When Howard Aris died in November 2011, a member of the Jamaica Athletic Administrative Authority (JAAA) told me that Aris’s passing was going to be a major blow to the organisation as it would be impossible to fill his shoes as president. In the year since those words are proving to be prophetic as with an election looming at the end of this month, the incumbent slate is under attack from outside and from within.
The latest body blow to the current administration has come from Dr. Winston Dawes, a vice president who has said he will not stand for re-election. His parting shots were not kind, but no one can argue about the validity of what he says. Dawes was brought in to the JAAA by Howard Aris and for the past eight years has been one of the most credible voices of that organisation. He doesn’t speak publicly often but when he does speak his statements are laden with nuggets of wisdom. Earlier this year while organizing the Jamaica International Invitational track meet, the JAAA at the last minute decided to introduce fees for accreditation for journalists and impose restrictions with regards to the use of images taken by photographers. It didn’t go down well. But while members of the JAAA executive continued to play hard ball with the media, Dr. Dawes was perhaps the only one to come out and apologize and admit that mistakes were made.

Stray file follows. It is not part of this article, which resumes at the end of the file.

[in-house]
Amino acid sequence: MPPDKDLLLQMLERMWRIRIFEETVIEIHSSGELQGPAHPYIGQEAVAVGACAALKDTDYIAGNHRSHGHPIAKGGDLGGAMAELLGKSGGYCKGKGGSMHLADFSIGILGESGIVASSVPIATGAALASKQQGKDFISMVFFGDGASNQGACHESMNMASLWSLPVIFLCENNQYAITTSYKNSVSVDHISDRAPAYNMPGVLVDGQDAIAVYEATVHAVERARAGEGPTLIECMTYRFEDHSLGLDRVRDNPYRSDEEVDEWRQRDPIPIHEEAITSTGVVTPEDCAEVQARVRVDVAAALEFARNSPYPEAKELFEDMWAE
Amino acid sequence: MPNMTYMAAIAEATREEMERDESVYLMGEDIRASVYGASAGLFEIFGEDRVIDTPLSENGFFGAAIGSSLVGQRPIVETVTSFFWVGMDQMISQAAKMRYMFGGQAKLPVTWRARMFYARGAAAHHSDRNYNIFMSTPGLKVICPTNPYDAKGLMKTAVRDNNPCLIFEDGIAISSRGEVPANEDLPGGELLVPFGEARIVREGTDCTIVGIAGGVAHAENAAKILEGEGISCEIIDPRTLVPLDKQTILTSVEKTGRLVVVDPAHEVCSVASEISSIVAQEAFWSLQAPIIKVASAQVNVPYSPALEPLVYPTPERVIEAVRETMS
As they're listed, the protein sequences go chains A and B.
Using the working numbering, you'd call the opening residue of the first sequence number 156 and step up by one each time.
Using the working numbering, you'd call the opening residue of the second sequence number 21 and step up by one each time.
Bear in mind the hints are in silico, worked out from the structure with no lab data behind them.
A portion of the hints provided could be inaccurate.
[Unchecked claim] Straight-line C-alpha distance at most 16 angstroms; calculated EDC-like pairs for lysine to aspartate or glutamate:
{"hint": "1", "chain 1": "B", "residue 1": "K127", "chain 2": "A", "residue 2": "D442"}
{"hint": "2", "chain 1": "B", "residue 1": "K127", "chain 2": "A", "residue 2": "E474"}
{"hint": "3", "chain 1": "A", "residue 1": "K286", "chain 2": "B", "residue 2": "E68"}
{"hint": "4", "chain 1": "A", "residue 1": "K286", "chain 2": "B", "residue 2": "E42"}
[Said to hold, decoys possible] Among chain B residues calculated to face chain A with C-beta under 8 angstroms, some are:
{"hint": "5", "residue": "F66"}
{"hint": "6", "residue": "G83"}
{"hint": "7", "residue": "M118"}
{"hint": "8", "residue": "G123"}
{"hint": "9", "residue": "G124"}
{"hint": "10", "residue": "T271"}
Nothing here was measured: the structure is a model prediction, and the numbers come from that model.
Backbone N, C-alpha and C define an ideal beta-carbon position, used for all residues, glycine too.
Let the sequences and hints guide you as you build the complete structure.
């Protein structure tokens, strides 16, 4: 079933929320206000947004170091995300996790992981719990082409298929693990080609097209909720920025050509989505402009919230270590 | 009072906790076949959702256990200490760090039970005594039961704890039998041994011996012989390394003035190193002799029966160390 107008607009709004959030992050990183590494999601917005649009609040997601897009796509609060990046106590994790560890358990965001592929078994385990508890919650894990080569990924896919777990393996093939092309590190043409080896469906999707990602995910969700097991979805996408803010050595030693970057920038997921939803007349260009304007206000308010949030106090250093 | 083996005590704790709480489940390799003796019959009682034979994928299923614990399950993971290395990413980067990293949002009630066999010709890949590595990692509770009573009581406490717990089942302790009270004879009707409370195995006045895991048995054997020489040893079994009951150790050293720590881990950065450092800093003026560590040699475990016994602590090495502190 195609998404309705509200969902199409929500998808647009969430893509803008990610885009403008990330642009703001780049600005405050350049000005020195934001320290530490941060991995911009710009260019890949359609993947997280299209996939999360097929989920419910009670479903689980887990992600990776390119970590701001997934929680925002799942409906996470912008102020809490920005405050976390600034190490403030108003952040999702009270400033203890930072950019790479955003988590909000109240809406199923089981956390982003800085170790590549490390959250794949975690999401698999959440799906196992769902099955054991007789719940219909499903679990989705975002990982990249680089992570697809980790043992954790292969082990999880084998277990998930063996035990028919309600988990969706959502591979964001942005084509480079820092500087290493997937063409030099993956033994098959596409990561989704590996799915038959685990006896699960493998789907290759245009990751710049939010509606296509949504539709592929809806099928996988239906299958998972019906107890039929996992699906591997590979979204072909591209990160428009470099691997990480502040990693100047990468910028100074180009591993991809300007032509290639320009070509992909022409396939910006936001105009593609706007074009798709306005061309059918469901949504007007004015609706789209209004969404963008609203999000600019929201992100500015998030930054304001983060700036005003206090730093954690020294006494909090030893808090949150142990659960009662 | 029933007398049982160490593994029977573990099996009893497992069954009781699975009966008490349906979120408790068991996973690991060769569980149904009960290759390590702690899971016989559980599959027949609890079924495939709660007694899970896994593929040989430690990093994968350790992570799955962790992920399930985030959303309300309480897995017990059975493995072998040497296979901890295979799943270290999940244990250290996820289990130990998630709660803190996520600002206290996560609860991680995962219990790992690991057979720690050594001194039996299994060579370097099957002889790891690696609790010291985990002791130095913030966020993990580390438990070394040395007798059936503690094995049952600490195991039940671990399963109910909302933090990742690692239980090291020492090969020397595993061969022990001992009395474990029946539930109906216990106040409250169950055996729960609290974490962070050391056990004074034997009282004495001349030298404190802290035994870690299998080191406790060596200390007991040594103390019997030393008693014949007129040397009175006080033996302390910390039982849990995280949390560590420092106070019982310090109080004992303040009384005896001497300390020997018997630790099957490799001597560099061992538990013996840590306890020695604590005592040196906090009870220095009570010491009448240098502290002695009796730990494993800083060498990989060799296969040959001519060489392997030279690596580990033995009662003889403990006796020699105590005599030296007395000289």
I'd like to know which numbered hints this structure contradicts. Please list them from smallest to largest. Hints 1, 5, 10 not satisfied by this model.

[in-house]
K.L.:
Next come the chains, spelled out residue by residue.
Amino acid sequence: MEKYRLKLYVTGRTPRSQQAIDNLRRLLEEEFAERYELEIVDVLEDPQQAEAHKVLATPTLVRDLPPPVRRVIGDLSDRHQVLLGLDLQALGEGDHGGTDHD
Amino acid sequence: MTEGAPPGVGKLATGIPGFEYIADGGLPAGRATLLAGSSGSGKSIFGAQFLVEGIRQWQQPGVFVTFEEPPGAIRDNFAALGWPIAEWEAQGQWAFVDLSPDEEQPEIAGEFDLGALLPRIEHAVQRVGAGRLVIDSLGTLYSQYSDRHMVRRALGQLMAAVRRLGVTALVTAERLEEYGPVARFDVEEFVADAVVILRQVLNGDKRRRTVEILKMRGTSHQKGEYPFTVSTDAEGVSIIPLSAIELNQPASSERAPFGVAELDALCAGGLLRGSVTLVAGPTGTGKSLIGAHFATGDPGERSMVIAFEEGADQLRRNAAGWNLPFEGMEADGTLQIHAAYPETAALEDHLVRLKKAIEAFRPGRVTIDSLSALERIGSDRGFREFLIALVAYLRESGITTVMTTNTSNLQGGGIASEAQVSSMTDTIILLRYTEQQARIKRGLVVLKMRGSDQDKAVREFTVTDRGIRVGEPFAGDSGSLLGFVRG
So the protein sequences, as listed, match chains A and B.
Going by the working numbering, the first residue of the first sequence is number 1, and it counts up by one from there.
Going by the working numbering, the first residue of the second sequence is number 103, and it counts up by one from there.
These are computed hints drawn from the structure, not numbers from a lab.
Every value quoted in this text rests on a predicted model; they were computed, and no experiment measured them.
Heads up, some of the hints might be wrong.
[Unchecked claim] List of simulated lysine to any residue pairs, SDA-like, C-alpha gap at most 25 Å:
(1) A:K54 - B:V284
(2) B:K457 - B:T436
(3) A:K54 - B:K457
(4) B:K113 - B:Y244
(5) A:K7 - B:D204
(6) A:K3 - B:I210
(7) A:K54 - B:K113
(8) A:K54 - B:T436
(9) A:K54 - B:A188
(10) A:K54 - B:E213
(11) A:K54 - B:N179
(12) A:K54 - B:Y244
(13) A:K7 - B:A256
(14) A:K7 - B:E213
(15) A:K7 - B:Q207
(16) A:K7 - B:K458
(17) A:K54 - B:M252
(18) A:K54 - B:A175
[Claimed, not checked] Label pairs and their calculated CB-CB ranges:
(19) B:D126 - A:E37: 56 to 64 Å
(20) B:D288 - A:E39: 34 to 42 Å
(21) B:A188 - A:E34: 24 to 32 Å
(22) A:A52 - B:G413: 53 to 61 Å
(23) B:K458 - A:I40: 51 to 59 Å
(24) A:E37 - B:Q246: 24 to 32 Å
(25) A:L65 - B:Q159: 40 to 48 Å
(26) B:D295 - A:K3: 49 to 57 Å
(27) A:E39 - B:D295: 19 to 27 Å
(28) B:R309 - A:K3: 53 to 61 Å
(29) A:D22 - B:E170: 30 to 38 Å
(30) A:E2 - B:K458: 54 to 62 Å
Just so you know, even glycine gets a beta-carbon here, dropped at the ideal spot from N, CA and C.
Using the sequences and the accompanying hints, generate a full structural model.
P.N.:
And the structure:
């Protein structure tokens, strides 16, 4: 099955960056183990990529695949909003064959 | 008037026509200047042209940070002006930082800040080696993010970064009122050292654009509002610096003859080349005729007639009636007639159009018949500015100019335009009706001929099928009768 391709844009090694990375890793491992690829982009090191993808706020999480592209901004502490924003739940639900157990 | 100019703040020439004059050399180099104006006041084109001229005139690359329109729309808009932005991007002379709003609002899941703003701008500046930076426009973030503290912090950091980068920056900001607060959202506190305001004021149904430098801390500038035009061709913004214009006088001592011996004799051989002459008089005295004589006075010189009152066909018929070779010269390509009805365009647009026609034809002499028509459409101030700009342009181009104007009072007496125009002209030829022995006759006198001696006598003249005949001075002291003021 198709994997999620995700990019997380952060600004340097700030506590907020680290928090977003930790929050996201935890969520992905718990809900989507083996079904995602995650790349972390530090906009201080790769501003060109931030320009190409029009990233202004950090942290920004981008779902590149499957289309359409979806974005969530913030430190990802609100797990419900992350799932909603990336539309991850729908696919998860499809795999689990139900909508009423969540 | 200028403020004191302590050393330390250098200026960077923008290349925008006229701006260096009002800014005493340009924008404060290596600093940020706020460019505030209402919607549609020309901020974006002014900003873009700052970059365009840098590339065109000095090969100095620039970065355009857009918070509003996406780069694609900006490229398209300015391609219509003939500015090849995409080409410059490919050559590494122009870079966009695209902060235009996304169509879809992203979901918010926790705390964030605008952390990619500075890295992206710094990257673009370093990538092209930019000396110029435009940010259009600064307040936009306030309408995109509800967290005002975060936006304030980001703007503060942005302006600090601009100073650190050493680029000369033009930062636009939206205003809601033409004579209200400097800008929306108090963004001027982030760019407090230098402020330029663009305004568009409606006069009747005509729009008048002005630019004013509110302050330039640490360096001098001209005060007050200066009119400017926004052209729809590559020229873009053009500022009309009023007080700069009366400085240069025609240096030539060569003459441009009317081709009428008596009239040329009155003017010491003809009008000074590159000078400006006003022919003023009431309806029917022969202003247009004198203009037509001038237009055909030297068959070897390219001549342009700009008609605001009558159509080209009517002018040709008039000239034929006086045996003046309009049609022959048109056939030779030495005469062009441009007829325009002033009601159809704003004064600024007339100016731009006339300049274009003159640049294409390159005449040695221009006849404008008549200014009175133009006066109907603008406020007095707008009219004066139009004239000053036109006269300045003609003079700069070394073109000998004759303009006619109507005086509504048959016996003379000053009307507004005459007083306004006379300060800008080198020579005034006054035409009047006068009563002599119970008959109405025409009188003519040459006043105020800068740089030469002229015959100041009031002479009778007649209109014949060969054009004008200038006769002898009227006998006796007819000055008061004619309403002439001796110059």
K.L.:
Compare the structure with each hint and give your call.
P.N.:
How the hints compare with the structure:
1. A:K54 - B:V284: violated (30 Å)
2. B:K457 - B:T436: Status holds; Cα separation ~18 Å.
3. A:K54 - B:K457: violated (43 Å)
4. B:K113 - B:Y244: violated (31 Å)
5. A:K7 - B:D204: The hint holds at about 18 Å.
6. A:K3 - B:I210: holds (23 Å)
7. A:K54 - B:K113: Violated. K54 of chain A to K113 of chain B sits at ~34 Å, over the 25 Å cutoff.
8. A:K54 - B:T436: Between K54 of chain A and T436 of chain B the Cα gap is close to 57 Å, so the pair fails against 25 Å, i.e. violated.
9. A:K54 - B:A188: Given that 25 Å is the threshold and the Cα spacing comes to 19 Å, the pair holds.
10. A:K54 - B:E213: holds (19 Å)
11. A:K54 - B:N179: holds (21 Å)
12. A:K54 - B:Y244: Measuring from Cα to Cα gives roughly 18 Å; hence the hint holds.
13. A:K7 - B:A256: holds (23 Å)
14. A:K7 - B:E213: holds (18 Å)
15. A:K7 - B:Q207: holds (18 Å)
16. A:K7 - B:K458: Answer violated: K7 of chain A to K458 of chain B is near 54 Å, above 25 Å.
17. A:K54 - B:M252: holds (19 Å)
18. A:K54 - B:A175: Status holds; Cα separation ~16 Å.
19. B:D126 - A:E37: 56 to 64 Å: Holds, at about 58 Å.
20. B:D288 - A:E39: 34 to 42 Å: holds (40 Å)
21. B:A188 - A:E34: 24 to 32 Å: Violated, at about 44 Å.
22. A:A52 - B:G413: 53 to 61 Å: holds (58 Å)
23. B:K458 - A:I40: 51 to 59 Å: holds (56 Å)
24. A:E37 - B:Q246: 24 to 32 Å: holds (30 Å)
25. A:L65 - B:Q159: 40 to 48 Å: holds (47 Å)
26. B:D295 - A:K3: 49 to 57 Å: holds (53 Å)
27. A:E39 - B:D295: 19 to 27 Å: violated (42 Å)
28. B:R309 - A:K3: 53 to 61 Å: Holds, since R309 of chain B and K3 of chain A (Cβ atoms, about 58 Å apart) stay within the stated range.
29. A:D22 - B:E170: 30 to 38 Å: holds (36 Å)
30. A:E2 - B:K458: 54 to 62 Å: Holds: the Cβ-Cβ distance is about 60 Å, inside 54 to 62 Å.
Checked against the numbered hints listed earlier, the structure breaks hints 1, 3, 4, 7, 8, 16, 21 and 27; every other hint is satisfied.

He now walks away from the JAAA and says he believes its image has taken a battering because of information that has now come out during this escalating feud between track icon Donald Quarrie and iconic coach Glen Mills. It is a feud that has hurt the image of both men as information that has now come forth is suggesting that this was an organisation that has swept too much under the rug and now there is no more room. Things are beginning to show and what we are seeing doesn’t look good, and it smells even worse.
Mills, in responding to allegations made by Donald Quarrie who claimed that Mills threatened not to support Dr. Blake if Quarrie was on his slate, denied Quarrie’s claims and has called for an investigation into the mile-relay fiasco and the London Games and other similar occurrences at other championships. These statements are embarrassing but even more importantly they beg the question; what else does the public not know that needs to be revealed?
There have been so many incidents over the years that have been quashed, hidden from the public’s eyes in the hope of preserving credibility. Claims of possible financial impropriety and possible tampering with the list of delegates down to vote at the upcoming elections – whether true or not – doesn’t do anything to help restore the JAAA’s image that is currently in tatters.
When matters like these arise, it is not uncommon to have knee-jerk reactions and throw the baby out with the bath water. After all, this current administration has accomplished a lot, but perhaps the time has come for there to be significant changes, freshen things up a bit. It is time to sweep all that muck from under the rug and remove those skeletons from the closet; time to start anew.
New people can mean new ideas and new ideas can lead to useful innovation.
Life occurs in cycles and perhaps the Aris/Blake cycle is over and time for a new one to begin. What must not be lost in all this however, is that our success at track and field must be sustained and indeed, enhanced going forward.